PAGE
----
Kickstarting the Creative Funding Future

In this essay, I examine the creative funding landscape, using Kickstarter as a lens through which to explore questions of value, community, and the link between arts and commerce. 

Some of the topics I cover include: what the best source of funding might be for creative projects; how we can (and can’t) measure or approximate the types of value and incentives that lead people to back such projects; the special hybrid of gift and market economies, and the nascent web of networks and communities, that Kickstarter engenders; and the applicability of potential models of “equity” to the space between Kickstarter and the venture capital-driven world of startups.

My starting premise is that Kickstarter is the most successful model we currently have for supporting creative projects; the purpose of this essay is to interrogate that assumption, to consider the reasons behind the company’s success and continued growth, and think about what solutions the future might bring as various funding platforms continue to evolve.


I’d like to talk about the present and future state of funding for creative endeavors. I speak with a fair amount of both first and secondhand knowledge, but am constantly learning more about the full implications of the myriad platforms, systems, opportunities, and pitfalls that are evolving daily. If this topic interests you as well, I’d love for you to join me in the conversation.

The big question that I take as a starting point is: on whom does the arts-funding onus lie? Who do we want to fund creative projects, who is realistically capable of it, and who do we expect will do it? I suspect there may be many answers to each question. But the core question seems to be: should market forces dominate, or are creativity and art “greater goods” that society as a whole (read: government) must be obligated to support?

This primary dynamic can be roughly typified as Kickstarter vs. the NEA. I take this as a starting point because of a statistic that’s been touted and discussed quite a bit recently: in the past year, Kickstarter has surpassed the NEA in level of total funds disbursed. This is of course a comparison we can make only in rough terms, as the two organizations have very different goals, Kickstarter based around individual projects and the NEA more oriented toward such aims as diversity and arts access, with grants supporting not only individuals but organizations and communities. It’s hard to tell which of the two—a for-profit startup and a nationally sponsored arts organization—has actually led to greater overall “good” or created the most total value, and there will likely always be a place for both these models (and many more) to coexist.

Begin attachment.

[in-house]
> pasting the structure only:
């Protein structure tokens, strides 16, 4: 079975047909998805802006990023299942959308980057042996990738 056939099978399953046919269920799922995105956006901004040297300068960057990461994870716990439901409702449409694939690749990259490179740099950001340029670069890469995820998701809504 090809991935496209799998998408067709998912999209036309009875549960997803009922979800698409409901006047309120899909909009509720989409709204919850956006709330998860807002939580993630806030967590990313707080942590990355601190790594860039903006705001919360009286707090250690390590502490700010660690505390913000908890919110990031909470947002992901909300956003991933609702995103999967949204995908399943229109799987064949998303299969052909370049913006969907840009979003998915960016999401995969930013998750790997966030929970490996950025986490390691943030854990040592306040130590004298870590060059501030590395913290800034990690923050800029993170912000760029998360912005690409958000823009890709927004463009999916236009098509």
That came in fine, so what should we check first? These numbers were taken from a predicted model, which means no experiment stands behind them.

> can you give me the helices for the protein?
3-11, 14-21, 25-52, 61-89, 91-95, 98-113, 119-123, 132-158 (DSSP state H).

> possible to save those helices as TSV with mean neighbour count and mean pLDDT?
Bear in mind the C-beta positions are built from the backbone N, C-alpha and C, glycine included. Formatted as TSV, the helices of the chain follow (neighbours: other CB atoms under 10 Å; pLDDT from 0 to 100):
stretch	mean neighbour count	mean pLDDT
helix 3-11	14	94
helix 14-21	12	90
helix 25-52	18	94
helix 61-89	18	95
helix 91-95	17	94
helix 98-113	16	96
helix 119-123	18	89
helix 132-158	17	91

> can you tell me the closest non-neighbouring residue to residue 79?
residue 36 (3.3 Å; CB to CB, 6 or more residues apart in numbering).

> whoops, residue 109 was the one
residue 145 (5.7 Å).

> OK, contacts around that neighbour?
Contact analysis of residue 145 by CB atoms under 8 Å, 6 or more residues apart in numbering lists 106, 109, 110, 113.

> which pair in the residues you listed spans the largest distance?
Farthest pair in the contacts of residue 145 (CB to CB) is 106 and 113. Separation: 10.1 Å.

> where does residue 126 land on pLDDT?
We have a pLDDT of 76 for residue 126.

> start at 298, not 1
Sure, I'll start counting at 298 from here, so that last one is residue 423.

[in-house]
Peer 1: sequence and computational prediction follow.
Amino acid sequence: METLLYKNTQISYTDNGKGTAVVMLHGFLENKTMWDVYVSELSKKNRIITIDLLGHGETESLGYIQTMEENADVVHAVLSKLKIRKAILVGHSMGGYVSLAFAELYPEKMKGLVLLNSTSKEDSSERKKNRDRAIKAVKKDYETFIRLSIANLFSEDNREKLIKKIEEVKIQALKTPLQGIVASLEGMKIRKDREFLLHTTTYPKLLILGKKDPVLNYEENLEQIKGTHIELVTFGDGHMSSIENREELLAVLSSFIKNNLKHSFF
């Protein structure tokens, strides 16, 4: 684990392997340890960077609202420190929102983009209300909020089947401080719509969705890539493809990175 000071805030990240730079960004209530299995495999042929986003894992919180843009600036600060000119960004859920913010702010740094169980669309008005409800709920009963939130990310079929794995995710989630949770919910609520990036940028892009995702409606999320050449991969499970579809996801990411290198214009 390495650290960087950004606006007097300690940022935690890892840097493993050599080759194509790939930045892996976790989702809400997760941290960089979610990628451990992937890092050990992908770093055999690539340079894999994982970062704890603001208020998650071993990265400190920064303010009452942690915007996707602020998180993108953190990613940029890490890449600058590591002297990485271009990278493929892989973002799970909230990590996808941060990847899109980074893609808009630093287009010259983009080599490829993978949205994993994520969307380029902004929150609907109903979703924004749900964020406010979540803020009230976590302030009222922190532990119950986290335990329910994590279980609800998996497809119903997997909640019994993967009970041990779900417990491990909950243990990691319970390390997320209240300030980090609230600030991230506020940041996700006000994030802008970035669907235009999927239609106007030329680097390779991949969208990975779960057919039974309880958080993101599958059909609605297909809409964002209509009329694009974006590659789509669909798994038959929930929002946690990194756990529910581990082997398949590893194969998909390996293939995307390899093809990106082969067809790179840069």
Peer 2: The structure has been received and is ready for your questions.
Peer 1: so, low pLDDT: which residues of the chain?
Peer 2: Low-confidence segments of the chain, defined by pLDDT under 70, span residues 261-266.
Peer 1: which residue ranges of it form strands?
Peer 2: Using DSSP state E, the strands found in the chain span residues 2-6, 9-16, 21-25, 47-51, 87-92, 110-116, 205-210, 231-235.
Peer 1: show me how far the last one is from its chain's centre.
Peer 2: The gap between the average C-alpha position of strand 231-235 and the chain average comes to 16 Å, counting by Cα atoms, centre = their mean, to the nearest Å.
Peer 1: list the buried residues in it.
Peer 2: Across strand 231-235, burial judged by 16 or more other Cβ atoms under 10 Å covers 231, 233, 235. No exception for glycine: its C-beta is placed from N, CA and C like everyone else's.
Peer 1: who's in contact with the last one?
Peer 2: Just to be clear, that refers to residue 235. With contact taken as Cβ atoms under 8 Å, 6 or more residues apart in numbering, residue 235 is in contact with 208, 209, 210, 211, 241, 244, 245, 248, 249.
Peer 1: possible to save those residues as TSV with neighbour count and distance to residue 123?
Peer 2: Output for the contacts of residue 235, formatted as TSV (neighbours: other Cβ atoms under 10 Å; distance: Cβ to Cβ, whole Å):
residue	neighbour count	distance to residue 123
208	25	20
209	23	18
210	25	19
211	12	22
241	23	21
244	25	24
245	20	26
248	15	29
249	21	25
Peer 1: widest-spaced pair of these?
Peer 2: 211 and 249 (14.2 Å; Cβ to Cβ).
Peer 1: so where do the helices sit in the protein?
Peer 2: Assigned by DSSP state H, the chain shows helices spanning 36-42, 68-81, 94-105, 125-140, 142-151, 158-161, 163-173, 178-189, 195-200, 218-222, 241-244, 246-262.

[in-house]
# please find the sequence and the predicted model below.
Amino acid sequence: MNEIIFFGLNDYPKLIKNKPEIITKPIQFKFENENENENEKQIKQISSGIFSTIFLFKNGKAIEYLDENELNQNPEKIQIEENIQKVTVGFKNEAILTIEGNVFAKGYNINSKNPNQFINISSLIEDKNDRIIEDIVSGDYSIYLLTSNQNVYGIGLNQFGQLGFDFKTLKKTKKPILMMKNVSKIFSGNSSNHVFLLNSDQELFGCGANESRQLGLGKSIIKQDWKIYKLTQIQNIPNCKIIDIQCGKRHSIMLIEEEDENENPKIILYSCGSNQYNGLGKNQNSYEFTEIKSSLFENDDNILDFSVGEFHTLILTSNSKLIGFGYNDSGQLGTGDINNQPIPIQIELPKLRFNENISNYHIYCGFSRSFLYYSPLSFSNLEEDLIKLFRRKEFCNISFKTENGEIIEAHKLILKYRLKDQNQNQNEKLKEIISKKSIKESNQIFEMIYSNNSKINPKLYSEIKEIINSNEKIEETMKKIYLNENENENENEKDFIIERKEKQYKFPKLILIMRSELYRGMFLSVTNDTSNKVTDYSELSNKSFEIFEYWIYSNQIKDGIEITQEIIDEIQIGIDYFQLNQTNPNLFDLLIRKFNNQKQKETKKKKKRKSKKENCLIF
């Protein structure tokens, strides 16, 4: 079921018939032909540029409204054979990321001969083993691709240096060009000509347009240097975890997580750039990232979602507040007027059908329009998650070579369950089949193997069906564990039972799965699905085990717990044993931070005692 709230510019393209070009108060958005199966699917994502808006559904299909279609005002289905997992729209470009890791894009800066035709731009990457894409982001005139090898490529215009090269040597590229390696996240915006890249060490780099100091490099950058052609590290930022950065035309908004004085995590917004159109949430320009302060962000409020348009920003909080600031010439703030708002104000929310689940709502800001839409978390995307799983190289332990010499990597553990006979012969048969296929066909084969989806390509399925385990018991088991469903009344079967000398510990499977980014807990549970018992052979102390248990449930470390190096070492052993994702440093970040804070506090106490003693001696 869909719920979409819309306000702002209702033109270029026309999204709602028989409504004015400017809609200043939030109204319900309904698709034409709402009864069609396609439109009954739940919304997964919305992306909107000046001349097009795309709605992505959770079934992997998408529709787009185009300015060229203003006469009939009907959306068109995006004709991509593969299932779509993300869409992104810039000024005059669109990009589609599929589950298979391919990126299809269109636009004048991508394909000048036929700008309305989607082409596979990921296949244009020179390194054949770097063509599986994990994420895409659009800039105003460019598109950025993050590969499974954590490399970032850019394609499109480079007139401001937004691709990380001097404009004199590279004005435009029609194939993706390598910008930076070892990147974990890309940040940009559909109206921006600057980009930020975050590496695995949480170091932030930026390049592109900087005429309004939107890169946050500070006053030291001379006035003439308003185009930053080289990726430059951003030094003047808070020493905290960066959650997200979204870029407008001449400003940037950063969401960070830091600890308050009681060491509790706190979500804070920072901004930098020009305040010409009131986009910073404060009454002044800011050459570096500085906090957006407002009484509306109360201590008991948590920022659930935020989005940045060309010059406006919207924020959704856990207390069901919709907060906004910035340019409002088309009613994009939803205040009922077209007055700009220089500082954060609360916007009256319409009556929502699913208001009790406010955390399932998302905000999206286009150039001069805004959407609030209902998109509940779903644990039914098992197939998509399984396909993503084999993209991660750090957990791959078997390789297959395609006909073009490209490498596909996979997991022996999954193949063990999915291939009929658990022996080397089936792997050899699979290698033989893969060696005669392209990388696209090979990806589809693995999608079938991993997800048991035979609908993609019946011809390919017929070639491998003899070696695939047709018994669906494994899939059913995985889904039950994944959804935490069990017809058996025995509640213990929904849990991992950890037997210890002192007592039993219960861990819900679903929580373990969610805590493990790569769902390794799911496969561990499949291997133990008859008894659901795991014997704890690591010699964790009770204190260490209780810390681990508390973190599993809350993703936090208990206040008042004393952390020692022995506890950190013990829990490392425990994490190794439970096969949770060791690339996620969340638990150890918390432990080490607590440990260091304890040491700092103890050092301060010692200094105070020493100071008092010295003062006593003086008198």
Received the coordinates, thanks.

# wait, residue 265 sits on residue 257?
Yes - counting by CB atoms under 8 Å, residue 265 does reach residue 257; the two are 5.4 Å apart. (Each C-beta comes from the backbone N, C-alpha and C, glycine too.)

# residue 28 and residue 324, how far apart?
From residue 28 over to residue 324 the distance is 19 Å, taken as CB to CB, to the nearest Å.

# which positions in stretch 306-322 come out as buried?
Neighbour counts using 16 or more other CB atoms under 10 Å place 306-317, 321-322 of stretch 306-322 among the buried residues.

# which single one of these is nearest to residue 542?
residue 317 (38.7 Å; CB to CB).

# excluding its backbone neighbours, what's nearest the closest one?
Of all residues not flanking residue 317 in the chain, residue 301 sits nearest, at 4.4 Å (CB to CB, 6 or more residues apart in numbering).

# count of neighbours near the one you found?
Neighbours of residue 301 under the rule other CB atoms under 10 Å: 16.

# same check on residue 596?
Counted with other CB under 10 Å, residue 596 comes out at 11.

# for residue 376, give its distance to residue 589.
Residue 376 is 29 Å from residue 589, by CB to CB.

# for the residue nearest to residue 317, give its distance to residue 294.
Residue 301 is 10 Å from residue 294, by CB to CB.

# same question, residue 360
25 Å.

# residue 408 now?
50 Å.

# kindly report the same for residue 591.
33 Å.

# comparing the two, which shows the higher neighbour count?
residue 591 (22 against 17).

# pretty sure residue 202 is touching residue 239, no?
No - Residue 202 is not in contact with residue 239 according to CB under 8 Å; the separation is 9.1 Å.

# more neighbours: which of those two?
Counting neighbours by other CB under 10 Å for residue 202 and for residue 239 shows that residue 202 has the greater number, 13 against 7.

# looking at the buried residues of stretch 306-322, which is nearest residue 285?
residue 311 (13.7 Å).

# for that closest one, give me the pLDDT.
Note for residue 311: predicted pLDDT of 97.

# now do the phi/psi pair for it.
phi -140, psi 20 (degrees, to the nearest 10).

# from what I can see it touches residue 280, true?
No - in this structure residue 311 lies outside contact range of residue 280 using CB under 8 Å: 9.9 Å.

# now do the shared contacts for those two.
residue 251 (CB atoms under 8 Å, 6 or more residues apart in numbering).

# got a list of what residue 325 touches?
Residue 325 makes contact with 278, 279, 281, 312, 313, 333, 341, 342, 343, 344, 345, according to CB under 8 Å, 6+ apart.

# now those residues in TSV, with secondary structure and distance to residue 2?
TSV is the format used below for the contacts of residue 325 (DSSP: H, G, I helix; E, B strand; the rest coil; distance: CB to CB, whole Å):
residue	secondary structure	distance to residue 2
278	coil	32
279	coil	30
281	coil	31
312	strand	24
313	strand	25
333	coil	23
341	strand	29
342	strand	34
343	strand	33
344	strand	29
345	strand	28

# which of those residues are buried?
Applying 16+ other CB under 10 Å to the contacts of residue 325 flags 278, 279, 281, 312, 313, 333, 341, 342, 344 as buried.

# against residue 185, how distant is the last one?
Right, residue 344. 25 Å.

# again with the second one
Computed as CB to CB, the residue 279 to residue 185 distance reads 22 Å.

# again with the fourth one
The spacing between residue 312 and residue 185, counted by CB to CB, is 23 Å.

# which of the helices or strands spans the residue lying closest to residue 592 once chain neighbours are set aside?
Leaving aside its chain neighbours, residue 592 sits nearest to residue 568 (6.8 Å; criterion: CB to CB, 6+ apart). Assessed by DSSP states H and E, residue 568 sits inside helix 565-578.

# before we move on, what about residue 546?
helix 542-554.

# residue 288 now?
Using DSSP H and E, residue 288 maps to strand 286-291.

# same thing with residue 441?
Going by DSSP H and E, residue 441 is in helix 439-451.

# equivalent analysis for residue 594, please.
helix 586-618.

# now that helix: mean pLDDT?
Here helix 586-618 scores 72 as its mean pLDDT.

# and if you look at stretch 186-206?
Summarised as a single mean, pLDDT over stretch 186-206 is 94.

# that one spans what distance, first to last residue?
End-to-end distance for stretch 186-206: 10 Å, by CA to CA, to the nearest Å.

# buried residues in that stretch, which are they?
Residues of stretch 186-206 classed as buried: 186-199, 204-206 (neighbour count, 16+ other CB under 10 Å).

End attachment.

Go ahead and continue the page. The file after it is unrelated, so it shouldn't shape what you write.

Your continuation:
That said, I will be focusing primarily on Kickstarter, both because I’m familiar with its ecosystem and because its tremendous and rapid growth rate shows it to be an increasingly important force. Kickstarter-funded projects taken together have quite a wide reach and high level of visibility. Kickstarter continues to fund a huge number of projects, and has done much to democratize and simplify the funding landscape. However, it’s not yet clear what proportion of the results from these projects are of lasting importance—or if that’s even an important metric to take into consideration when evaluating the success of arts funding and thinking about its future. If it’s not the most important metric, what is?

I think it’s necessary to take a step back and consider what exactly a good measurement might be of the “value” (social/civic/personal/monetary/otherwise) provided by any sort of creative project. For now I’m going to entirely leave out the value-inflated, circle-jerk spectacle of the contemporary “art world” (see: NYC gallery scene; Koons and Hirst, etc.) because as far as that scene goes it’s impossible to parse out true value from social and intellectual posturing and speculation. I want to focus on projects that can roughly be defined as populist, public, or democratic—in some way oriented toward the public good (contrasting to art-as-pure-commodity as in the “art world” of my obvious derision). By this I mean projects intended for an audience or market of real people; ones created in the name of authentic love or passion or a vision of progress.